The riots were sparked by the ransacking and burning of the Thai Embassy, which stemmed from a student demonstration over unsubstantiated reports that a Thai television actress had made disparaging remarks about Cambodia and Angkor Wat.

The demonstration at the embassy deteriorated into vandalism, then looting, then burning at about 6 pm, when demonstrators began hurling rocks at the embassy from the street.

At around 6 pm, young men began smashing the sharp points off the embassy’s fence, and after several scaled the fence and threw concrete chunks through windows, there was little the handful of unarmed Cambodian police could do to stop the rioters’ momentum.

Just after 6 pm, the embassy fence was overrun in what at first started as a destruction-of-property contest. Under 50 rioters began smashing office windows, but when the glass frontplate to the foyer fell, allowing access to the main building, the number grew to at least 100.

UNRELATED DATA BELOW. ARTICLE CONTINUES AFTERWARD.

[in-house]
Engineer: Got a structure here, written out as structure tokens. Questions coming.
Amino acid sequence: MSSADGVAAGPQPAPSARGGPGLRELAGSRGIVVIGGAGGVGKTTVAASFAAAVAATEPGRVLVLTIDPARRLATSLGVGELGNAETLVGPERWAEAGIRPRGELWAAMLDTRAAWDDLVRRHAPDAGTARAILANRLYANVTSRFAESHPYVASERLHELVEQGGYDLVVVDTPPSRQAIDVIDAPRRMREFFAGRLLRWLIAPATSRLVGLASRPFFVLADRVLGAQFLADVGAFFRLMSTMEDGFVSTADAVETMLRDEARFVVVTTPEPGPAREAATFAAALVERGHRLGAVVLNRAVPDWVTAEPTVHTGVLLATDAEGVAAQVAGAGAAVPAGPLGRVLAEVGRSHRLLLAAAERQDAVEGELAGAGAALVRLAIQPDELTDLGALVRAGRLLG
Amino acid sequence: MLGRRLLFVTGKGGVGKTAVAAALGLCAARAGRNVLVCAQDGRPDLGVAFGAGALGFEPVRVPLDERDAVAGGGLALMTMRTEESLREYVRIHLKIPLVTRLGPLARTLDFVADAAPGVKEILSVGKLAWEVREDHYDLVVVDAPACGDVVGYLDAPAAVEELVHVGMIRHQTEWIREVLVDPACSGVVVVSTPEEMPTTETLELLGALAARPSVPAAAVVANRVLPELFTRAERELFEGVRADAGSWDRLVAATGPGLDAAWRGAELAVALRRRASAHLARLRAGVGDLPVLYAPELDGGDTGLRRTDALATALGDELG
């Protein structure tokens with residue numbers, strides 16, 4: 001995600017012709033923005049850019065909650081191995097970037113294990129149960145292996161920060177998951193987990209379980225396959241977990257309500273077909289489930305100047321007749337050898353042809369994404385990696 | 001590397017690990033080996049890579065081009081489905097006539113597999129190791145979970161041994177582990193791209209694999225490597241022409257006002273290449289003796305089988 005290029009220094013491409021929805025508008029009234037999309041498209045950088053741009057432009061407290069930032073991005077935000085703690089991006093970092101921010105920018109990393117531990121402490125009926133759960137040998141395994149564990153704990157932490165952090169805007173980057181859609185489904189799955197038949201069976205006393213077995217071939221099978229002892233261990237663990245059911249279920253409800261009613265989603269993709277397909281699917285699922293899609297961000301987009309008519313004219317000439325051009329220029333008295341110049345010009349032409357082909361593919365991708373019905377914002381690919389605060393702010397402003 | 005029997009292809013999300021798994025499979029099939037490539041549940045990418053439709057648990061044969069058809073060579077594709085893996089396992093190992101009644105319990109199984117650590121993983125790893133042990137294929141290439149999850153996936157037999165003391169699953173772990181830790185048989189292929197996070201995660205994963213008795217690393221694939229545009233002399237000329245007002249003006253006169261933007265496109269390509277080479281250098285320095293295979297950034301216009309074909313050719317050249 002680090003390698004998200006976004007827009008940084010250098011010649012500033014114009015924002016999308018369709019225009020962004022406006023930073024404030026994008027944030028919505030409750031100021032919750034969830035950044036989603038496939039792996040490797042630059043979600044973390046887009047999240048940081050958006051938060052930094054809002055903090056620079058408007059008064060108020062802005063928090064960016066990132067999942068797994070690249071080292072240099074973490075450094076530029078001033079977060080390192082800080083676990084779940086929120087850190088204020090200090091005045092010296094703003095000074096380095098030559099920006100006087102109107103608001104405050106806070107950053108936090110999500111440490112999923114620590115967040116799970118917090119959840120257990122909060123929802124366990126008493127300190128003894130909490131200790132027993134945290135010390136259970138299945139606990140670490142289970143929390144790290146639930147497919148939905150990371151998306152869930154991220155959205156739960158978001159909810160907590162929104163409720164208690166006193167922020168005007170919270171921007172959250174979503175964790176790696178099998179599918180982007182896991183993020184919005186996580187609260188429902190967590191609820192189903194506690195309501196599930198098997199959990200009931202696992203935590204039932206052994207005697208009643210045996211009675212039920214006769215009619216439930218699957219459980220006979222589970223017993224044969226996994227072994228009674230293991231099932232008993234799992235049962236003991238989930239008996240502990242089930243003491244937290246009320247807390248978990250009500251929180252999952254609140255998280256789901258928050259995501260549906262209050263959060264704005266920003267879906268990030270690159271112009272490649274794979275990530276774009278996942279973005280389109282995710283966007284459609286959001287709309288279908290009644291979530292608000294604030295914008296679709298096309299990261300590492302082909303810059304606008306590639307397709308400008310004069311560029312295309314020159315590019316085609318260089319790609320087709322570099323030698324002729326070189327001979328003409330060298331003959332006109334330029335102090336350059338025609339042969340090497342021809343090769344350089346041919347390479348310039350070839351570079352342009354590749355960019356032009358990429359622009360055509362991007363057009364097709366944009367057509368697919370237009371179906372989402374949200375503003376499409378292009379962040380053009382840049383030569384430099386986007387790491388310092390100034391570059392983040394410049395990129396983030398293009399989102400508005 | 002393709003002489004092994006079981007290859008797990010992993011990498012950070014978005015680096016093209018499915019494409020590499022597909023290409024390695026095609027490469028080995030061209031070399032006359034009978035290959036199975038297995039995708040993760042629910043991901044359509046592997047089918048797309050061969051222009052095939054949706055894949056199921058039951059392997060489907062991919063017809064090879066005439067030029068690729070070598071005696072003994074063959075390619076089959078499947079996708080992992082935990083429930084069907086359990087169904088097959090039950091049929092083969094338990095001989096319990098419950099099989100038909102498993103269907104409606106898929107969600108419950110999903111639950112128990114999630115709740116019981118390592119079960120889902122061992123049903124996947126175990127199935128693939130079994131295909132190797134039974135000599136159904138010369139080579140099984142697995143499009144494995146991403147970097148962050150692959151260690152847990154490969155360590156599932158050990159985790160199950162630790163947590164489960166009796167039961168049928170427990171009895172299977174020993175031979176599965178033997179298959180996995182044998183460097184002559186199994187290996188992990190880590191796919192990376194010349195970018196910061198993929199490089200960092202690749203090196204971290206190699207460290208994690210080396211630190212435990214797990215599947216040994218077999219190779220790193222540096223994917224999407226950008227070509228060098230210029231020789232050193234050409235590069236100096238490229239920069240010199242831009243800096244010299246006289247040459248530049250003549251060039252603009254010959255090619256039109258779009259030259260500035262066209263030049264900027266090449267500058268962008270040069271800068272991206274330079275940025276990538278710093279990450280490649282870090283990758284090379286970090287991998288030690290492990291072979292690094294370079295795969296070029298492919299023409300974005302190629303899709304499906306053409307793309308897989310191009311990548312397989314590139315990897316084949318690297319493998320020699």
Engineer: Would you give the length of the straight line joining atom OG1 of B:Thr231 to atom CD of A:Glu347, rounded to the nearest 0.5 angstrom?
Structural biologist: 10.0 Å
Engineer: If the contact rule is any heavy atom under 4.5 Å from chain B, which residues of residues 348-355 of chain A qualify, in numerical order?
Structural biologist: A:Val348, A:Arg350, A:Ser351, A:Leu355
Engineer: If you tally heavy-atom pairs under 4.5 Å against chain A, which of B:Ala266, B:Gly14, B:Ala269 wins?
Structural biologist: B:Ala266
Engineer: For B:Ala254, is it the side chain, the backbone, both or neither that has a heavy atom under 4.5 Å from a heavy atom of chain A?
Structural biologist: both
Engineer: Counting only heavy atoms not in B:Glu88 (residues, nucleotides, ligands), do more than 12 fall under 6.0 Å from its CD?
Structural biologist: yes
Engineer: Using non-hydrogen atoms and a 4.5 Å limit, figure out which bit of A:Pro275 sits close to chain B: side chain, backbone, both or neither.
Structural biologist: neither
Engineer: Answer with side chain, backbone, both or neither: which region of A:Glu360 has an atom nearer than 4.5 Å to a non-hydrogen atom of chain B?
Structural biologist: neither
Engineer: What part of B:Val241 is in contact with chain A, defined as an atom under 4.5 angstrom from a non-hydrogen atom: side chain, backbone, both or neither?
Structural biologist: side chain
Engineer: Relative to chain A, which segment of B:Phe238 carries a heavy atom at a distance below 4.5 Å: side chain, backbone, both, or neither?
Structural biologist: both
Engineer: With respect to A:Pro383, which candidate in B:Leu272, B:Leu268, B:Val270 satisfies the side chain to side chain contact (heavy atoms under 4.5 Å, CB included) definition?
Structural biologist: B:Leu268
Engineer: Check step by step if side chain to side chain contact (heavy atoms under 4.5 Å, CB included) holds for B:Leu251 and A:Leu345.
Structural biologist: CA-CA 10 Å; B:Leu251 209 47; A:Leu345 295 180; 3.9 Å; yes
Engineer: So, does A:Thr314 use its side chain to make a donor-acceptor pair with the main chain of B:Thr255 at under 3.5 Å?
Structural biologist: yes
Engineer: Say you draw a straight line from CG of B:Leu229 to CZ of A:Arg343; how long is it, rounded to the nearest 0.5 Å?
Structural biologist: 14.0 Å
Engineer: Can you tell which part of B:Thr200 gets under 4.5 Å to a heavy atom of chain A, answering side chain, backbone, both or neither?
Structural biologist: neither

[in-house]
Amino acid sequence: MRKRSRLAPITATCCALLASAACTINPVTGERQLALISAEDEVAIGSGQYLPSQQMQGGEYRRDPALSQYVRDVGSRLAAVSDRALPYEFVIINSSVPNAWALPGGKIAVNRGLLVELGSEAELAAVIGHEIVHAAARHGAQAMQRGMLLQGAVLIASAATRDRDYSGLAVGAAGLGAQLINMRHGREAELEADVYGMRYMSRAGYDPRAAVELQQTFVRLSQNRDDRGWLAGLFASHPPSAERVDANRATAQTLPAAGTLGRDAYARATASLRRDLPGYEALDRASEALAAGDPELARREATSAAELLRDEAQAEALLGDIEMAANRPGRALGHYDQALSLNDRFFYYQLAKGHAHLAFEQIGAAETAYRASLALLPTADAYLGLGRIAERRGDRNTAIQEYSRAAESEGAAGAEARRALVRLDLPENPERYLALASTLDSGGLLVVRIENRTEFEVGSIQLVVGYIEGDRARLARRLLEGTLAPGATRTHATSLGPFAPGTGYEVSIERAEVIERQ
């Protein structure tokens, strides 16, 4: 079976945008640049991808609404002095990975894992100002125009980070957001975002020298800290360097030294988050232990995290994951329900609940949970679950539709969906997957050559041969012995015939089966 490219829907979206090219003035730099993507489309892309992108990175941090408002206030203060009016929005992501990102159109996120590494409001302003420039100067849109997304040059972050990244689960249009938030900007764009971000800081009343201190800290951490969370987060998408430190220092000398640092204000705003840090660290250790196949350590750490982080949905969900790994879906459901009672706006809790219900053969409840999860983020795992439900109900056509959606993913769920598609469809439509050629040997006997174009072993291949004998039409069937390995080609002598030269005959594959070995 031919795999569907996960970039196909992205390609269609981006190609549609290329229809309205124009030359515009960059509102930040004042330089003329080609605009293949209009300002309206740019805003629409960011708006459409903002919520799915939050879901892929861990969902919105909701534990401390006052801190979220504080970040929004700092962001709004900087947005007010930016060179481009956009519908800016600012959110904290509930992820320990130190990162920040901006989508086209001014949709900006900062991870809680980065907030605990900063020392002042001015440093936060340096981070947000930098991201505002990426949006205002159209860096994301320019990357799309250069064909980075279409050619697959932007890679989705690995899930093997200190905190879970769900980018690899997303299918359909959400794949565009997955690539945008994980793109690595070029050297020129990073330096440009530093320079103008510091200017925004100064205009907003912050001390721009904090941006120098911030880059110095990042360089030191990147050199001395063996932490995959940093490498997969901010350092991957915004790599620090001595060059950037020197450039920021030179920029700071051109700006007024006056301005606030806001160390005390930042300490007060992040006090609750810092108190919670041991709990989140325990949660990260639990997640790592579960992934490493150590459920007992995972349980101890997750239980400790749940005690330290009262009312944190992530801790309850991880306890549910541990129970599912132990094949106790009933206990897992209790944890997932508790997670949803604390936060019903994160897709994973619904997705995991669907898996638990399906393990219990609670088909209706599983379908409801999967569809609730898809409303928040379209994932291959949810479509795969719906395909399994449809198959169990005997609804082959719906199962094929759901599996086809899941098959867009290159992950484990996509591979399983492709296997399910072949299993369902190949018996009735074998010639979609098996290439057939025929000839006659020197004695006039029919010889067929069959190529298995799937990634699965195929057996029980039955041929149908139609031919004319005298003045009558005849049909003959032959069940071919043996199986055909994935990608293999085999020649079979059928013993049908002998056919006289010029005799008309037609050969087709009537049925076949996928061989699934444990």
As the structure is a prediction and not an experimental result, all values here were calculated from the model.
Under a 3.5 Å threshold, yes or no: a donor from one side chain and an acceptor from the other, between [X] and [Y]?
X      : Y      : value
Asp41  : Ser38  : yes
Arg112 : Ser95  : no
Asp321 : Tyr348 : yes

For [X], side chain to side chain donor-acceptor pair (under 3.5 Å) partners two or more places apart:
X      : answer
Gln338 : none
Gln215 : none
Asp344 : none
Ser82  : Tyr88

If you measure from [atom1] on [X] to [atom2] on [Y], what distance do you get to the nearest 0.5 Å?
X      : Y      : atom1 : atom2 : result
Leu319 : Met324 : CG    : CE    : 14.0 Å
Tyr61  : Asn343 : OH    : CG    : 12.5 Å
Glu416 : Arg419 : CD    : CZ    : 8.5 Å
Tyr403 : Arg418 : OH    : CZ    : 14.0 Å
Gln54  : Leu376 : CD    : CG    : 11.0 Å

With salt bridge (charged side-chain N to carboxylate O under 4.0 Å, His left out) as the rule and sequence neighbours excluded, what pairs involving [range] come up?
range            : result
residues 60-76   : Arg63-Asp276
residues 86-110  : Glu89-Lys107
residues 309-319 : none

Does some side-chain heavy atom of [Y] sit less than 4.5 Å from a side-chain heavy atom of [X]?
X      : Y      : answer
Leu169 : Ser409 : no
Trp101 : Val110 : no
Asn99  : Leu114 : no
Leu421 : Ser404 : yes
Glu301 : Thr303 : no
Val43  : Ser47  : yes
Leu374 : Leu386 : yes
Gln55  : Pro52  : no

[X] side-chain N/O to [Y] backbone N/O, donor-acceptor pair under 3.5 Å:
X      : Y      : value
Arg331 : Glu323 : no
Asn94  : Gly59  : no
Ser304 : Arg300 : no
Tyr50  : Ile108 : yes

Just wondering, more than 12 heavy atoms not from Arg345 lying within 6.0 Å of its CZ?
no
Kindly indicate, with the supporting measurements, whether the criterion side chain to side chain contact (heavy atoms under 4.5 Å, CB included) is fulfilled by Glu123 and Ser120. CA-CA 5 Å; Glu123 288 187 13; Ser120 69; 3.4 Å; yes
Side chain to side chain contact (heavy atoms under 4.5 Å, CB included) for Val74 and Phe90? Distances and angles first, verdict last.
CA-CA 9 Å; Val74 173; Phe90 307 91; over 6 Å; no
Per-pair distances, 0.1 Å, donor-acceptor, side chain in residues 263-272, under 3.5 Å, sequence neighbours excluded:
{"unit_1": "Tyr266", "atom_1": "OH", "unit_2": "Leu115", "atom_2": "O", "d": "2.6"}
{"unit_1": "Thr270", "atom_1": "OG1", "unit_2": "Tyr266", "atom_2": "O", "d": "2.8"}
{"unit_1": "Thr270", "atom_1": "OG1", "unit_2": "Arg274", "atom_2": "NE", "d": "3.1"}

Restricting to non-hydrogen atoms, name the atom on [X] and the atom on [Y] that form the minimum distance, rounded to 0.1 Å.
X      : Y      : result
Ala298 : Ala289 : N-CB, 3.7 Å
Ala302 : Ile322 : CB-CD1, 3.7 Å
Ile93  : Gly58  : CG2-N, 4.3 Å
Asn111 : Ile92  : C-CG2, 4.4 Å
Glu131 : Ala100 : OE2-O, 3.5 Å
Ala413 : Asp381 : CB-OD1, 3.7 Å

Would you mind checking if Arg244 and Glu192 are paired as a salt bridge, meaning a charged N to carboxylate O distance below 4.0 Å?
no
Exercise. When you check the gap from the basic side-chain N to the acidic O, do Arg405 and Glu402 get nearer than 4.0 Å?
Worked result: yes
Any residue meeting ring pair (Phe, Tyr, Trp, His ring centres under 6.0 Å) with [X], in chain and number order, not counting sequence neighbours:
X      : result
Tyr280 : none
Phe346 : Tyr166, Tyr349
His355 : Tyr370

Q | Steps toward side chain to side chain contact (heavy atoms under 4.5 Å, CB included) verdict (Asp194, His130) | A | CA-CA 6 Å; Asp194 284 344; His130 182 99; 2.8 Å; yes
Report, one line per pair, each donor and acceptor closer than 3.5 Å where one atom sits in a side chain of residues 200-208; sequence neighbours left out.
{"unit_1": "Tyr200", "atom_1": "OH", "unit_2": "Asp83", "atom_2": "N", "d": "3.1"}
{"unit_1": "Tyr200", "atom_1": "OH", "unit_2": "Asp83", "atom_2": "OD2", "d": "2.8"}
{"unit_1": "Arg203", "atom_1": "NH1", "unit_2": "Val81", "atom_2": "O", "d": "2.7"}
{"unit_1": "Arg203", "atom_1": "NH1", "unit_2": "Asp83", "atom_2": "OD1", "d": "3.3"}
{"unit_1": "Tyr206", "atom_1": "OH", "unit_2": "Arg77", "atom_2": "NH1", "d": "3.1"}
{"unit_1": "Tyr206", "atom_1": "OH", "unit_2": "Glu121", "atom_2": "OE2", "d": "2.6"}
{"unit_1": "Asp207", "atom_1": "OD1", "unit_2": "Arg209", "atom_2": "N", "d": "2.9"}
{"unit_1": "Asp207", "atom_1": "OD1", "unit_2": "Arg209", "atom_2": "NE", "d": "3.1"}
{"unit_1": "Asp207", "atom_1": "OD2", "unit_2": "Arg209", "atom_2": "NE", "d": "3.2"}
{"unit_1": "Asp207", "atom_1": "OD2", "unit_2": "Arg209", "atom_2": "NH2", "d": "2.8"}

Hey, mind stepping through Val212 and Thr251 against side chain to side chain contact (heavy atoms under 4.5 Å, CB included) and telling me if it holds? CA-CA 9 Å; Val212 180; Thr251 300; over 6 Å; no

As pyres burned at the compound’s two entrances, rioters made their way through the embassy, smashing through glass panels and wooden doors to first destroy, then steal, the equipment inside.

Hundreds of onlookers stood outside, cheering, clapping and singing.

Some of the Thai staff, including the ambassador, were inside when the destruction of the embassy began.

“I had to flee from the embassy,” Ambassador Chatchawed Chartsuwan said by telephone Wednesday night. “I had to climb out of the embassy to the river.”

The rioters began to pick apart the reception area, emerging from the embassy with wooden furniture, pillows and office supplies, which they threw on top of the already burning tires at the main gates.

Rioters proceeded up the stairs, eventually breaking their way into offices on the first and second floors. Computers, printers and smashed telephones lay on office floors. Lights were smashed and tables were torn apart. Their legs were made into clubs.

Less than 10 police were visible at first, unarmed and helpless to stop the rioters.

Some rioters continued to destroy the embassy while looters began gathering valuables, shoving small office supplies into their pockets and carrying equipment out under their arms.

One looter was seen running off with a computer scanner under his arm, another with a VCR behind his back.